This is a response to Tyler Cowen.  Take a simple example.  Nominal wages are fixed for the employed.  NGDP falls 5%, and 5% of workers are laid off.  Now the unemployed workers lower their wage demands by 20%.  Why not by even more?  Because of minimum wage laws, unemployment insurance, fear of loss of prestige, etc.

Suppose companies are not worried about workers making invidious comparisons (a big if, but I’ll grant this point to my opponents.)  In the best case scenario firms lay off 4% percent of their workers and hire back the 5% who are unemployed at the same total wage bill.  The excess unemployment is now 4% instead of 5%.  The total unemployment rate falls from 10% to 9% (assuming 5% is the natural rate.)  No big deal, we are still deep in recession.  Thus wage flexibility among the unemployed doesn’t really help very much.  If all employed workers accepted a 5% pay cut (or if the government ordered such a cut) and the Fed kept targeting inflation, we’d experience rapid economic growth.  BTW, I’m not advocating an incomes policy, I favor monetary stimulus.

Now you might claim that this process would keep repeating, and eventually we’d reach full employment.  But that would violate the assumption that wages are sticky for the employed.  I.e. could firms really say “You are all fired; now we’ll hire you back for 20% less?”  I suppose so, but then there’d be no wage stickiness for the employed, and we have lots of evidence that there is wage stickiness for the employed.  Indeed one piece of evidence (this pay increase dispersion graph from a Paul Krugman post, plus quotation) is so overwhelmingly persuasive that it should be considered, by itself, a 100% conclusive refutation of New Classical economics.  There is no possible New Classical explanation for this graph.  None.

So as I see it, we’re in a state of censored wage deflation; underlying forces are trying to make wages fall, but thanks to the combination of dispersion and rigidity actual average wages are still rising slowly.

And that’s all we need, empirical evidence that wages are sticky for the employed.  It is a bit puzzling that wages are so inflexible.  But remember that 2008-09 wasn’t the only adverse nominal shock.  We had another in 2009-10, and then another in 2010-11.  It’s possible that wages have now adjusted to the 2009 shock (although I doubt they’ve fully adjusted) but haven’t adjusted to the more recent adverse shocks.  And of course there are also lots of adverse supply shocks that are slowing the adjustment.  Adverse supply shocks partly caused by the adverse demand shock.  That’s why the sticky wage hypothesis seems implausible when looking at the world from a micro perspective—it is implausible from a micro perspective.  Lots of the problem is supply side, when viewed from a micro perspective.   But macro can’t be understood at a micro level.  For instance there is no way I can explain to someone at the micro level why if the Fed buys a $1,000,000 T-bill from me for $1,000,000 in cash it will create more AD.  But it will.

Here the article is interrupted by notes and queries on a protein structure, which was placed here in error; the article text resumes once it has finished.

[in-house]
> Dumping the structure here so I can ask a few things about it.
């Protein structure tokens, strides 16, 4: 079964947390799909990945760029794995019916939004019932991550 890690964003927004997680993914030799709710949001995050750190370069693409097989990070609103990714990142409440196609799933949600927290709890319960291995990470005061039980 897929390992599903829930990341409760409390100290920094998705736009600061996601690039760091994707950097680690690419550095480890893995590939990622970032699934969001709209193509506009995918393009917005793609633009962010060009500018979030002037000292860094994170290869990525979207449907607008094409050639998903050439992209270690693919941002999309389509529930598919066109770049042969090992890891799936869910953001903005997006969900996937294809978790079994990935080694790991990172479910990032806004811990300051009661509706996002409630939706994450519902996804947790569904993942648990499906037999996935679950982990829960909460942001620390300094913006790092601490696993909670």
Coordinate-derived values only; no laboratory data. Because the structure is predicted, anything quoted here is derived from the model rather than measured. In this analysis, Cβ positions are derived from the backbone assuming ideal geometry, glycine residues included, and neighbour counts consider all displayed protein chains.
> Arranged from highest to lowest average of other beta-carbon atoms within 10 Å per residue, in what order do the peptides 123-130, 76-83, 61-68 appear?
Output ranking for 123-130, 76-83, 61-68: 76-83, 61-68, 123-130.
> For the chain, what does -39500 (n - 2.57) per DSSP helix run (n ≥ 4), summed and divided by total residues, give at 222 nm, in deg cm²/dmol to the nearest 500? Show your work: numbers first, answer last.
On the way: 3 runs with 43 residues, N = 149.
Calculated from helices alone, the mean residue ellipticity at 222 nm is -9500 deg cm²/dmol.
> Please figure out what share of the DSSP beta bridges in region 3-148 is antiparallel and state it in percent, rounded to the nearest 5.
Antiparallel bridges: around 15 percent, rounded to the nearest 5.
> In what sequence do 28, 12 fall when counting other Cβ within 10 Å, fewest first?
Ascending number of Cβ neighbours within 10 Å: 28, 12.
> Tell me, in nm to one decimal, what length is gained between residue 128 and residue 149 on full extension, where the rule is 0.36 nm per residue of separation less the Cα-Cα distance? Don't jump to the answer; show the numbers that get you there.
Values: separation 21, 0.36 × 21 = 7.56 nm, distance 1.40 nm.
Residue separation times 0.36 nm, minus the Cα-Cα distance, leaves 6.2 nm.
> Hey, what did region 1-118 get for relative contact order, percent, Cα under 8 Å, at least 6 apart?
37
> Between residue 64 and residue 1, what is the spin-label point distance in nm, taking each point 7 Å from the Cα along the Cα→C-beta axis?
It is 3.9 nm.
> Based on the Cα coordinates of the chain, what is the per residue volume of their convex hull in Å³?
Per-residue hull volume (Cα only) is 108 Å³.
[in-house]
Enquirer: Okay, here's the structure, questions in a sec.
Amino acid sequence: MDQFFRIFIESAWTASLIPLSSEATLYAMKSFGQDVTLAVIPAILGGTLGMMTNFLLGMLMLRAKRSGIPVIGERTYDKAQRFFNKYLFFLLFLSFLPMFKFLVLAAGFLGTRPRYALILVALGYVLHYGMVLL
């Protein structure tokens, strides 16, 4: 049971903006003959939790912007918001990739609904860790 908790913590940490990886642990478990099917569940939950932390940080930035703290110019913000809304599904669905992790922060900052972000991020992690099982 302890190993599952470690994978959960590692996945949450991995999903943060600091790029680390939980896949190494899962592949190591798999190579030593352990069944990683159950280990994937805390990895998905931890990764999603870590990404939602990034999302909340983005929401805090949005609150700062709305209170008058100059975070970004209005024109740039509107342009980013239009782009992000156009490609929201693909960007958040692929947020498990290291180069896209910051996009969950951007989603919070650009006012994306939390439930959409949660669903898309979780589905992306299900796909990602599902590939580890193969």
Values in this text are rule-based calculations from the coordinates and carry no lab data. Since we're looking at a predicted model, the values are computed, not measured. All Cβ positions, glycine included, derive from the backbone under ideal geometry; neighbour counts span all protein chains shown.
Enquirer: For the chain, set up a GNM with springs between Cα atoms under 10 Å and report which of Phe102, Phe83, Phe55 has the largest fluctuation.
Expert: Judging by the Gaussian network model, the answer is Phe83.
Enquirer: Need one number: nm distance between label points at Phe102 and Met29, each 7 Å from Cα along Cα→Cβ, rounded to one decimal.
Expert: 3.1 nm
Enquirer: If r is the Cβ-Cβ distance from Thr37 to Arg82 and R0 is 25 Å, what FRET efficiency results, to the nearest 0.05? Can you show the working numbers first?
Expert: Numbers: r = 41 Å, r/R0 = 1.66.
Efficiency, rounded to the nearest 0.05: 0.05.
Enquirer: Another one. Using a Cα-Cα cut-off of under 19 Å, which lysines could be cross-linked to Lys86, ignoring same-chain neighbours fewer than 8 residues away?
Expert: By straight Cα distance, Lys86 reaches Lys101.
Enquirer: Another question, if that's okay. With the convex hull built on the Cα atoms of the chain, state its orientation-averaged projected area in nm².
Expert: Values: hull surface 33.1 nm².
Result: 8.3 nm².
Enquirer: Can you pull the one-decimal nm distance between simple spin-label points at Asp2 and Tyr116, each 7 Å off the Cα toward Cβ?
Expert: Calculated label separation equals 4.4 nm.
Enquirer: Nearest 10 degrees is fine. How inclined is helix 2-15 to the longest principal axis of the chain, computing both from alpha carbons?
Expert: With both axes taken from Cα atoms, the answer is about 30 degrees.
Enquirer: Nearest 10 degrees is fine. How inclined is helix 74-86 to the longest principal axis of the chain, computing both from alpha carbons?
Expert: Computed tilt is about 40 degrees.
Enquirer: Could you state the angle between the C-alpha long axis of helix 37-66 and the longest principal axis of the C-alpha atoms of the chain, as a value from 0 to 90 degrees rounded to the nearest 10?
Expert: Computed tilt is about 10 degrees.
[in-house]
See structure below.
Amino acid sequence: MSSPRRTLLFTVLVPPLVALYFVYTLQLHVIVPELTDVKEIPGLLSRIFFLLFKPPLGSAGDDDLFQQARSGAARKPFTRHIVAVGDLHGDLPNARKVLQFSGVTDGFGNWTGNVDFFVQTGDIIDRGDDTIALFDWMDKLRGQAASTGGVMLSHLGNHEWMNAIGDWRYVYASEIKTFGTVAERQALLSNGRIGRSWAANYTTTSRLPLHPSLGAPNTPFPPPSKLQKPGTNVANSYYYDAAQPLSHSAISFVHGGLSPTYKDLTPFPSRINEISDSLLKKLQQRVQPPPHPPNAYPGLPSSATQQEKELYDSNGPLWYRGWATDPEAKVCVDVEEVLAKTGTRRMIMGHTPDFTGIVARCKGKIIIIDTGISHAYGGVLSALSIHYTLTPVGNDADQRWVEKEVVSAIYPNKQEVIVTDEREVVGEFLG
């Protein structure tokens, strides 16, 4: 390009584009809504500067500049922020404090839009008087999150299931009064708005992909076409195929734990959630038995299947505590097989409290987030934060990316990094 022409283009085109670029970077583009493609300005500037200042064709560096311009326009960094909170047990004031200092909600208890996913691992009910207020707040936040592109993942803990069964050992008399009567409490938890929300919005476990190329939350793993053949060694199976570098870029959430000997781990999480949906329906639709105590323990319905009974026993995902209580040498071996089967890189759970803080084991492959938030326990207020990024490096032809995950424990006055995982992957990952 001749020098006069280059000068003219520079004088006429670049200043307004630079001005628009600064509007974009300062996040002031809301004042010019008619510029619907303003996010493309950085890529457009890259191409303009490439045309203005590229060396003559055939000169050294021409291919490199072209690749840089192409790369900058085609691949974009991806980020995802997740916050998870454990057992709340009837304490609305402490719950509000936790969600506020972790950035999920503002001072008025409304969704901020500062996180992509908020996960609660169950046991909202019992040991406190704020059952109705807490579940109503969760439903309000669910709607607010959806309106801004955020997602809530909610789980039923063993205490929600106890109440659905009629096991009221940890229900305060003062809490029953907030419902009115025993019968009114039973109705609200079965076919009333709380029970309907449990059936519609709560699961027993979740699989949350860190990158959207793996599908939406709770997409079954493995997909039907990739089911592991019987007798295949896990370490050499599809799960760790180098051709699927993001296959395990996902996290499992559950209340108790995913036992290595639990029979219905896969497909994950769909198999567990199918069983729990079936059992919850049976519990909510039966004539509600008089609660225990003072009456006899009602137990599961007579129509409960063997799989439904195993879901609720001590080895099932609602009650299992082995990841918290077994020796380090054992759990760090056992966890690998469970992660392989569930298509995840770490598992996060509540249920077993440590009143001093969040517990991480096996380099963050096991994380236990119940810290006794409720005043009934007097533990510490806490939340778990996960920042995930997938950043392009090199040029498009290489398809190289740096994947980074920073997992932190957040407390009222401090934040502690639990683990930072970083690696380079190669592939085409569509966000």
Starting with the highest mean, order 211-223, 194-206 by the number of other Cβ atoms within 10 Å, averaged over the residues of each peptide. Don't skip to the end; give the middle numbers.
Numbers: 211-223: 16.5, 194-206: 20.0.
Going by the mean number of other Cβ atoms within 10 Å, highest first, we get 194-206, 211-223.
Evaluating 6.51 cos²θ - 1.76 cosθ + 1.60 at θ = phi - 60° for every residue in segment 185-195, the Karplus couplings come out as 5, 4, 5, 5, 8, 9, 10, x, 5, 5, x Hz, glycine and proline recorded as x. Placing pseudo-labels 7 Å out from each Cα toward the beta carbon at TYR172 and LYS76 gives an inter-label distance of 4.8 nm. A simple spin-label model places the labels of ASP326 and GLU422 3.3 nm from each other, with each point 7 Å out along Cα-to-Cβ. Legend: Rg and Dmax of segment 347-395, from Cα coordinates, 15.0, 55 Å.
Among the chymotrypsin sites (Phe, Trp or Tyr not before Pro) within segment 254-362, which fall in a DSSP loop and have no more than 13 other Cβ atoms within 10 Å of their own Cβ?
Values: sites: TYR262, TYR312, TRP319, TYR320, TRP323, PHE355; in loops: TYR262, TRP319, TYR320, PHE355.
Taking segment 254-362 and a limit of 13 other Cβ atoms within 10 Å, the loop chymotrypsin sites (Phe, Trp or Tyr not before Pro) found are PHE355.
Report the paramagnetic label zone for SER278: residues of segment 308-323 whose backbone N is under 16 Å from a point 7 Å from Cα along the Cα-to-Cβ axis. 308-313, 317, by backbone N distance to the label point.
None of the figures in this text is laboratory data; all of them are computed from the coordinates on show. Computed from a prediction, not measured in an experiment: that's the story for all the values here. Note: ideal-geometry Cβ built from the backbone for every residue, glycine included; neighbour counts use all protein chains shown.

NGDP and sticky wages

When NGDP growth falls 8% below trend, revenues also fall 8% below trend.  Or much more than 8%, if you are a state like California with a fiscal regime all leveraged-up like a hedge fund.

But public employee wages and pensions do not fall 8% below trend, creating massive fiscal deficits.  One solution is to have the Fed bring NGDP all the way back to trend.  That won’t happen, and indeed at this point I’m not sure it should.   What did happen is that after mid-2009 NGDP growth continued to fall further and further below trend, worsening the fiscal situation of state governments.  Inevitably, you eventually end up with the following:

Still, discussions about something as far-reaching as bankruptcy could give governors and others more leverage in bargaining with unionized public workers.

“They are readying a massive assault on us,” said Charles M. Loveless, legislative director of the American Federation of State, County and Municipal Employees. “We’re taking this very seriously.”  [New York Times]

That’s right, 2 1/2 years after NGDP started plunging, states are “readying” an attempt to bring their costs in line with falling NGDP.  Still think wages aren’t sticky?

The Times also had this interesting tidbit:

Meet the new banking system, same as the old banking system

And then there is this article:

Oregon was one of the few to buck that trend. Last January, voters approved a temporary increase in taxes for individuals making more than $125,000 a year and on couples whose income exceeded $250,000. An editorial in The Wall Street Journal later stated that these rates caused thousands of upper-income residents to flee the state, but studies revealed that a large majority simply made less money, and so fell beneath the income cutoff for the higher rates.

If I was a twenty-something high tech worker in Portland making 60k to 80k, I’d certainly expect to make over 125k at some point in my career.  Thus I’d move up to Washington where there is no state income tax.    And I’d do it now, not when in my 40s with kids in the public schools.

Another example of how income distribution data is misleading.

Good news, bad news

Here’s Tyler Cowen:

No one — and I mean no one — has a coherent story about how nominal stickiness of wages lies at the heart of our current dilemma.

Good news:  I’m now a celebrity with an instantly recognizable face.

Bad news:  About that face . . . maybe a Bernanke/Krugman/Stiglitz beard would give it more gravitas.

Good news:  Yes, I’m incoherent, but the phrase “and I mean” suggests I’m the least incoherent of a bad lot.

Bad news:  He’s right, it is hard to make a sticky wage theory plausible—real wages aren’t particularly countercyclical.

Good news:  But not impossible.  Forget inflation and real wages; the key is NGDP.  If NGDP growth falls faster than wage growth, mass unemployment is almost inevitable.

I’ll do a more serious response to Tyler’s post later today.